It is not surprising that most identified BnNF-YAs are involved in salinity, drought, or ABA treatments, as most previously reported stress-responsive plant NF-Y members belong to the NF-YA subfamily [15]. Quantitative RT-PCR analysis indicated that transcripts of Arabidopsis NF-YA1 were increased by salinity, PEG, and ABA treatments. It was previously found that overexpression of Arabidopsis NF-YA1 rendered the transgenic plants more sensitive than the control to a 200 mM NaCl treatment, whereas the corresponding Arabidopsis RNAi plants grew better than the control under these conditions [15]. BnNF-YA1 and BnNF-YA2, which showed the highest level of similarity with Arabidopsis NF-YA1 [9], were induced by salinity, PEG, and ABA treatments. Overexpression of Arabidopsis NF-YA2, NF-YA7, and NF-YA10 caused a dwarf phenotype and enhanced the plant’s resistance to multiple abiotic stresses [25]. We previously showed that BnNF-YA3, BnNF-YA13, and BnNF-YA14 formed a clade with AtNF-YA2 and AtNF-YA10 [9]. Expression of Arabidopsis NF-YA5 was up-regulated up to 14 days of drought treatment or within 24 h of ABA treatment [13]. The ectopic expression of NF-YA5 in Arabidopsis increased the plant’s drought tolerance [13]. BnNF-YA8 or BnNF-YA9, which clustered with Arabidopsis NF-YA5, exhibited similar expression patterns up to 3 h of PEG treatment. Using an inducible estradiol system, the overexpression of NF-YA1, 5, 6, or 9 was shown to result in increased ABA sensitivity during seed germination [32]. One NF-YA homolog, GmNF-YA3, from soybean was also shown to be involved in the abiotic stress response. Transcripts of GmNF-YA3 were induced after as little as 0.5 h of NaCl, ABA, or cold treatment, and GmNF-YA3 showed a high level of similarity with Arabidopsis NF-YA3, 5, 6, and 8. Of the reported members of the plant NF-YA subfamily, the transcript levels of several members (including NF-YA1, 5, 6, and 9) were affected by ABA, implying that these genes regulate the plant’s response to abiotic stress via an ABA-dependent pathway. This may also be the case for BnNF-YA1, BnNF-YA8, and BnNF-YA9, which exhibit similar expression patterns under salinity, drought, or ABA stress.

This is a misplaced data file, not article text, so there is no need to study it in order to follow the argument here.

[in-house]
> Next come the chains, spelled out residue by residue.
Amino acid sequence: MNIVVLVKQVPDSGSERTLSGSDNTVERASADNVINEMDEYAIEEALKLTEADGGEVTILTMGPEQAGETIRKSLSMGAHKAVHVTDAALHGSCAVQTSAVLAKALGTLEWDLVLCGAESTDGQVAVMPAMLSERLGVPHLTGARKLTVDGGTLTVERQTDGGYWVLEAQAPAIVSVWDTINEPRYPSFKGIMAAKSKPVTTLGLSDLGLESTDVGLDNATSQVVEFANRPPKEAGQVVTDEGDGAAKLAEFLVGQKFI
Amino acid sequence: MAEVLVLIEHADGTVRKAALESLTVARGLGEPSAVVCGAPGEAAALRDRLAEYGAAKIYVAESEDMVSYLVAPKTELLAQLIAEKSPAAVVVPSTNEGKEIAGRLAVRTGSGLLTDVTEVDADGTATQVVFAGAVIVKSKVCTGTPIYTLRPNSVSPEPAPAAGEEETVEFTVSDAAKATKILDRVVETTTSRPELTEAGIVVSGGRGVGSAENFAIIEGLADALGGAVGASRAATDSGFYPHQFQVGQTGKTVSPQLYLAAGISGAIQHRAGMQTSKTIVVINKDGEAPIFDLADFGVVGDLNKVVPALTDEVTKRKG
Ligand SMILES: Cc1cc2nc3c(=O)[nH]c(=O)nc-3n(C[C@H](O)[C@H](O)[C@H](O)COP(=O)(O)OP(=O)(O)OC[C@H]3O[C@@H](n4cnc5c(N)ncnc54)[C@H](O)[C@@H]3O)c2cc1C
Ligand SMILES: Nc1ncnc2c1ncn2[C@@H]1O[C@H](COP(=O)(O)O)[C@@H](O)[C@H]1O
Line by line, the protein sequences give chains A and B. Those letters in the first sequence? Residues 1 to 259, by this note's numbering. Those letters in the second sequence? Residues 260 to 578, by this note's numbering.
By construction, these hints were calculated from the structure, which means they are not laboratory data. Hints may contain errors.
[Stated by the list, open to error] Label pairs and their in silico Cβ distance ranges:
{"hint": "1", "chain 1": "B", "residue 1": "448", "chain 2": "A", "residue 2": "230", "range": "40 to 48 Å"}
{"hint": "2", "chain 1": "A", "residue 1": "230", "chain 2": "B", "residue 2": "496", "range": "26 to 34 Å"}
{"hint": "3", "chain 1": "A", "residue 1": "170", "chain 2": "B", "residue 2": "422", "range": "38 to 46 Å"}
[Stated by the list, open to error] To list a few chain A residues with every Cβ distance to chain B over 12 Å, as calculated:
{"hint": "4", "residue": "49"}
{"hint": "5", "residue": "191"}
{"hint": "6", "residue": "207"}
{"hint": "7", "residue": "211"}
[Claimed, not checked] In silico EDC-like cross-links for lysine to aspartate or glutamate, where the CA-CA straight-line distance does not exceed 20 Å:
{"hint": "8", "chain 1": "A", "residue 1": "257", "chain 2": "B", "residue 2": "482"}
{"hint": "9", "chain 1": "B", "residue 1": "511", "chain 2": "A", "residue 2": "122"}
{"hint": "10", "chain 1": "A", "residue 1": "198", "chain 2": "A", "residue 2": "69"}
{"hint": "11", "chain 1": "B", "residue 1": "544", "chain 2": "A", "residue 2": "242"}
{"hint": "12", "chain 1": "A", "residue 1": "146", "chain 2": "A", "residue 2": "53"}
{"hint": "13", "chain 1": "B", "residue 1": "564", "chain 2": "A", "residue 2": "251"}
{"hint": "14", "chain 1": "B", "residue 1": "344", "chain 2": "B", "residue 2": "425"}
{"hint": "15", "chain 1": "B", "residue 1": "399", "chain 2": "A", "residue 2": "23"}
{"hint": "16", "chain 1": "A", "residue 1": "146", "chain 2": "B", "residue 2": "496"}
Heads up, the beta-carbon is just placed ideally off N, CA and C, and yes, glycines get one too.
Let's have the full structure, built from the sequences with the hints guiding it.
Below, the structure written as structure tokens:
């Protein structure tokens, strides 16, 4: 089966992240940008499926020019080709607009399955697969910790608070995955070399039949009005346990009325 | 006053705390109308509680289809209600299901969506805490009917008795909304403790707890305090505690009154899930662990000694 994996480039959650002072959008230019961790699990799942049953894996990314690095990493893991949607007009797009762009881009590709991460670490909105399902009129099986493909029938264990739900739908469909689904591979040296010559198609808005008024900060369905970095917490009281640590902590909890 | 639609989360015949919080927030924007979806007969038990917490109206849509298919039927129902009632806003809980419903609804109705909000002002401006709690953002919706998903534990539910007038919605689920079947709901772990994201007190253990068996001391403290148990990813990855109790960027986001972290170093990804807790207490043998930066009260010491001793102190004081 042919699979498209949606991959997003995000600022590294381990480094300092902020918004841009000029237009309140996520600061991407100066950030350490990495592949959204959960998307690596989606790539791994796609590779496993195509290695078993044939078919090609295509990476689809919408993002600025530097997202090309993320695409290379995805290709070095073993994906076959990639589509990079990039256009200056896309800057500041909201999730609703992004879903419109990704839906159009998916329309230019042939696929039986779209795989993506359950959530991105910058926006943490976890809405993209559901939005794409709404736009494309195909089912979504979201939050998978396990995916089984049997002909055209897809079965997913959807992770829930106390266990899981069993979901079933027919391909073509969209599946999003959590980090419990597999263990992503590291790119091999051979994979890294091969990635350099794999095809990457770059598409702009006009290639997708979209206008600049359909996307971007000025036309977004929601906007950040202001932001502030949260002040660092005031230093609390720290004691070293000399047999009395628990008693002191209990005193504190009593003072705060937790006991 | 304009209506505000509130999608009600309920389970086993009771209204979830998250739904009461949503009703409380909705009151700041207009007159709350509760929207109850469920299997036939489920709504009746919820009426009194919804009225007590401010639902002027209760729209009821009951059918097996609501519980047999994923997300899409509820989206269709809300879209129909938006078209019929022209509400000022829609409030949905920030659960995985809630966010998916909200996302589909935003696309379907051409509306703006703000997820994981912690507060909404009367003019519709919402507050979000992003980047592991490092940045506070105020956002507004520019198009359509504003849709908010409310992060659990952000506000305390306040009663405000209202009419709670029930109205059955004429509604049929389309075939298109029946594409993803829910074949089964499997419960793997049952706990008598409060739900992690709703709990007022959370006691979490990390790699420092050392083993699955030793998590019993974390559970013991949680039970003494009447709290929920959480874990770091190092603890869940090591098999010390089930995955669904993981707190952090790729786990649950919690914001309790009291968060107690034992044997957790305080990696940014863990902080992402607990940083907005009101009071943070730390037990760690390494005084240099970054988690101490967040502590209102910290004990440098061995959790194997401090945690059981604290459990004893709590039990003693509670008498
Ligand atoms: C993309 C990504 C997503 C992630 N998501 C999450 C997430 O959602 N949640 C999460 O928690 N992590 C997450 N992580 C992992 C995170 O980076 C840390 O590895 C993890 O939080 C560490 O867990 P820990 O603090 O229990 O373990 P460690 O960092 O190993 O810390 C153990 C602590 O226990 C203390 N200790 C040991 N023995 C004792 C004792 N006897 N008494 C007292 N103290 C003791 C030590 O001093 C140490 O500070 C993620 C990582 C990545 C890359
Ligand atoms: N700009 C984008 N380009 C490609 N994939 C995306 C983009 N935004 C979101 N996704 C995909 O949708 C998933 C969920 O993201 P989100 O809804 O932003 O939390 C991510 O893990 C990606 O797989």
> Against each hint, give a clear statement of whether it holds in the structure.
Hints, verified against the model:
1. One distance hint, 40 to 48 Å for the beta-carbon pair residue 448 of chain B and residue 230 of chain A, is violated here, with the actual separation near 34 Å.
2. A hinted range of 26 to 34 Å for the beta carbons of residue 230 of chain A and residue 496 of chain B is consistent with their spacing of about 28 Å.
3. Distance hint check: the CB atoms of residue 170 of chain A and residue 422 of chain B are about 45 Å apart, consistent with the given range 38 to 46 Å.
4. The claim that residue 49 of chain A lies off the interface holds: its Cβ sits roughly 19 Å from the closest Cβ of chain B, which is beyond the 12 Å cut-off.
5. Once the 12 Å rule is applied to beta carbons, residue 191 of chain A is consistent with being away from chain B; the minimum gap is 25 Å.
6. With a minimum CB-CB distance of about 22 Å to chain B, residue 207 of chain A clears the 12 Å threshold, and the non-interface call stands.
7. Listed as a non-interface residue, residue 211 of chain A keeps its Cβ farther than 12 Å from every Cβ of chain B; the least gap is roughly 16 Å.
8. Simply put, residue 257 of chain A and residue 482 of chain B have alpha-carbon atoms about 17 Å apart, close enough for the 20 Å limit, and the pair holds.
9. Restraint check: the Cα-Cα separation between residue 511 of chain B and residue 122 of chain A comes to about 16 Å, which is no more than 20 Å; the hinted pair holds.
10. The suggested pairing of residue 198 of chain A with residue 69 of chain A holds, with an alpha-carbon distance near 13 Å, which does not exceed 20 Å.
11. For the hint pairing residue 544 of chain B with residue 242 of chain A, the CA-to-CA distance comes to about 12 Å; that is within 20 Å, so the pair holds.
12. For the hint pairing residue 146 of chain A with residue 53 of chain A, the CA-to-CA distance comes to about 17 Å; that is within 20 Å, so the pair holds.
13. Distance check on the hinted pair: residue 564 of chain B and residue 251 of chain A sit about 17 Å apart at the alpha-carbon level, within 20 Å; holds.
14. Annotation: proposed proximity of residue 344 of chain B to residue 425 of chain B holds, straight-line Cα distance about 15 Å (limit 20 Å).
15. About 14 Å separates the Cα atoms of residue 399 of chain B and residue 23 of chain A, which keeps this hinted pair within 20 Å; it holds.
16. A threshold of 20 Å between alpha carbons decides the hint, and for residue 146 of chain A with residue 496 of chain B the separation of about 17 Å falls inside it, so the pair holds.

AtNF-YB1 and its maize homologue ZmNF-YB2 were shown to enhance drought resistance, and maize plants overexpressing ZmNF-YB2 performed well in the field [11]. Barley HvNF-YB5, similar to Arabidopsis NF-YB1, showed around a 70-fold expression increase under salinity treatment [20]. Triticum aestivum (wheat) TaNF-YB2, homologous to Arabidopsis NF-YB1, was also upregulated in response to drought stress in the leaves [18]. BnNF-YB1, which is homologous to Arabidopsis NF-YB1, was induced only by drought in our study. Arabidopsis NF-YB2 was first found to be up-regulated by NaCl, mannitol, or cold (4°C) treatment [17]. Interestingly, NF-YB2 was identified as the top third gene to respond to osmotic stress. The expression of poplar NF-YB7 increased during a 15-d PEG or ABA treatment [33]. Transgenic Arabidopsis plants overexpressing poplar NF-YB7 exhibited an increased germination rate, root length, and photosynthetic rate under drought stress. Poplar NF-YB7 showed a high level of amino acid sequence identity with Arabidopsis NF-YB3, while Arabidopsis nf-yb3 mutant plants were more sensitive than the wild type to environmental stimuli. Canola BnNF-YB2 and BnNF-YB3, similar to Arabidopsis NF-YB2, were found to be responsive to NaCl and ABA treatments in this study. The expression of several poplar NF-YBs, such as NF-YB6, NF-YB11, and NF-YB13, was altered in the leaves of plants treated with PEG-6000 [19], while the expression of BnNF-YB7 and BnNF-YB14 (high identity with Poplar NF-YB11 and NF-YB13 in terms of the conserved core domain) was also up-regulated in the leaves under PEG or NaCl treatment (Fig. 1 and Fig. 2).